Making it to 100 is a huge feat—only 1 in 5,000 Americans do. But making it to 110 (and gaining the title supercentenarian) is thousands of times harder—only 1 in 5 million do, according to Time.
The volunteer-based Gerontology Research Group has been tracking these elderly elite, of which there are currently a confirmed 72, since 1990, and has published the list online for about 15 years.
They call it Table E, and 97.2% of the people on it are women. And while the oldest living person is Misao Okawa of Osaka, Japan, the second oldest is American Gertrude Weaver, an Arkansan who celebrated her 116th birthday on, of all days, the 4th of July.
(Okawa has her beat by 121 days.) The researchers tell Smithsonian that it's a challenge to maintain the list because so many try to get on it who don't have the documents to confirm their age, or who are making false claims, like the Turkish man who tried to assume his dead—and 10 years older—brother's identity.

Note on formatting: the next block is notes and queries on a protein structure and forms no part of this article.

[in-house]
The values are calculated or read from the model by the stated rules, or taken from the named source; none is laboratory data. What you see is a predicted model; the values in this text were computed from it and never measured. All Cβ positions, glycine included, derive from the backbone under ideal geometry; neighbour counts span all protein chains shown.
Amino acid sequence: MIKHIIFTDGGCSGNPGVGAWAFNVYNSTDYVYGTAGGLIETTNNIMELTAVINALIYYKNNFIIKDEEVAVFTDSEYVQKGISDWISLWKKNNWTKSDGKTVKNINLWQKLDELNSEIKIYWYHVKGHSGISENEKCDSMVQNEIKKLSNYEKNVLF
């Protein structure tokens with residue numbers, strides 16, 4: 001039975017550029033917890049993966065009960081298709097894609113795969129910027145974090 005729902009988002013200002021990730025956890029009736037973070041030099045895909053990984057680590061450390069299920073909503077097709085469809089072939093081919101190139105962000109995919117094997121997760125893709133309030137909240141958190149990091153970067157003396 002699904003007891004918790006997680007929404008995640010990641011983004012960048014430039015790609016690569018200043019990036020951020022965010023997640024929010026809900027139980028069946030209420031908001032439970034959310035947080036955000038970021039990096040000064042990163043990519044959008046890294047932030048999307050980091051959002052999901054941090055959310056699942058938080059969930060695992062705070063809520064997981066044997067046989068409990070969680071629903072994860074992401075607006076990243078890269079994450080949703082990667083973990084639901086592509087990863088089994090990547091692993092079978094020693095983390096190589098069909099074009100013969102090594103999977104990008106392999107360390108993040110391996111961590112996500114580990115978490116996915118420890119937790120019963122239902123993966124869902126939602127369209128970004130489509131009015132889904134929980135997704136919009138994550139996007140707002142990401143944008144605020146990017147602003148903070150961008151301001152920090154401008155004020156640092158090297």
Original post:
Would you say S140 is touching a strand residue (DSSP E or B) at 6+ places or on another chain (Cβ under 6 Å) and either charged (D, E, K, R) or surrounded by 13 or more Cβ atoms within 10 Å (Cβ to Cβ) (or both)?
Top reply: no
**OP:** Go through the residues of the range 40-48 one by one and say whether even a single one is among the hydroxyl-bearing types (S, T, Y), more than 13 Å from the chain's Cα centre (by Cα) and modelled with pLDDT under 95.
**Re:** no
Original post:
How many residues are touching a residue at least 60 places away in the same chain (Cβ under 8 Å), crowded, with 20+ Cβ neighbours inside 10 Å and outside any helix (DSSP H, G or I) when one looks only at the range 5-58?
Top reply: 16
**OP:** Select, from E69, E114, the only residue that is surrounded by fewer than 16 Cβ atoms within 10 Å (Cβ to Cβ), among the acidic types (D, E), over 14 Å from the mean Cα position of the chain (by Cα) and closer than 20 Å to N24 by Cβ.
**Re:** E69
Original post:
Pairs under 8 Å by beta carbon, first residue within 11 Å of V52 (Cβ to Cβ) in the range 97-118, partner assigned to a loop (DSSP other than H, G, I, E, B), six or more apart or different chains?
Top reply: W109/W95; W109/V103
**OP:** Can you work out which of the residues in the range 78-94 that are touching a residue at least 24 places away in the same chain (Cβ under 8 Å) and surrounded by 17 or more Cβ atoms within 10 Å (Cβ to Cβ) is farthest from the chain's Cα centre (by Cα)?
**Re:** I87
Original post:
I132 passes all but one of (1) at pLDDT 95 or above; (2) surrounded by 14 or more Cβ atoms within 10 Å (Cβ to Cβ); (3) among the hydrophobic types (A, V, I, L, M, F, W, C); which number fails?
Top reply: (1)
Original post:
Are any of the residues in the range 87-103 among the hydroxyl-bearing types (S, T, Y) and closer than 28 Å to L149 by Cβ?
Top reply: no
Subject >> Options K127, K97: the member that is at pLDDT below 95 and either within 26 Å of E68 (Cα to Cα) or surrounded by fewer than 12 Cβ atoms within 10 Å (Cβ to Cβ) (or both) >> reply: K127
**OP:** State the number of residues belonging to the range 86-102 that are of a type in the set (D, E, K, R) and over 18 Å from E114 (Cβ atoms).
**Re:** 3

The group has 40 volunteers around the globe who work to suss out and confirm the supercentenarians. As part of the vetting process, the alleged supercentenarian must present two to three age-proving documents, like a birth or baptismal certificate, and a current photo ID granted by an "unbiased government agency." These requirements pose a problem in places like Africa, China, and India, whose governments didn't keep birth records in the 1800s; Table E currently contains no one from those locations, though the group expects that to change.
(Check out why the man Bolivia claims to be 123 likely isn't.)
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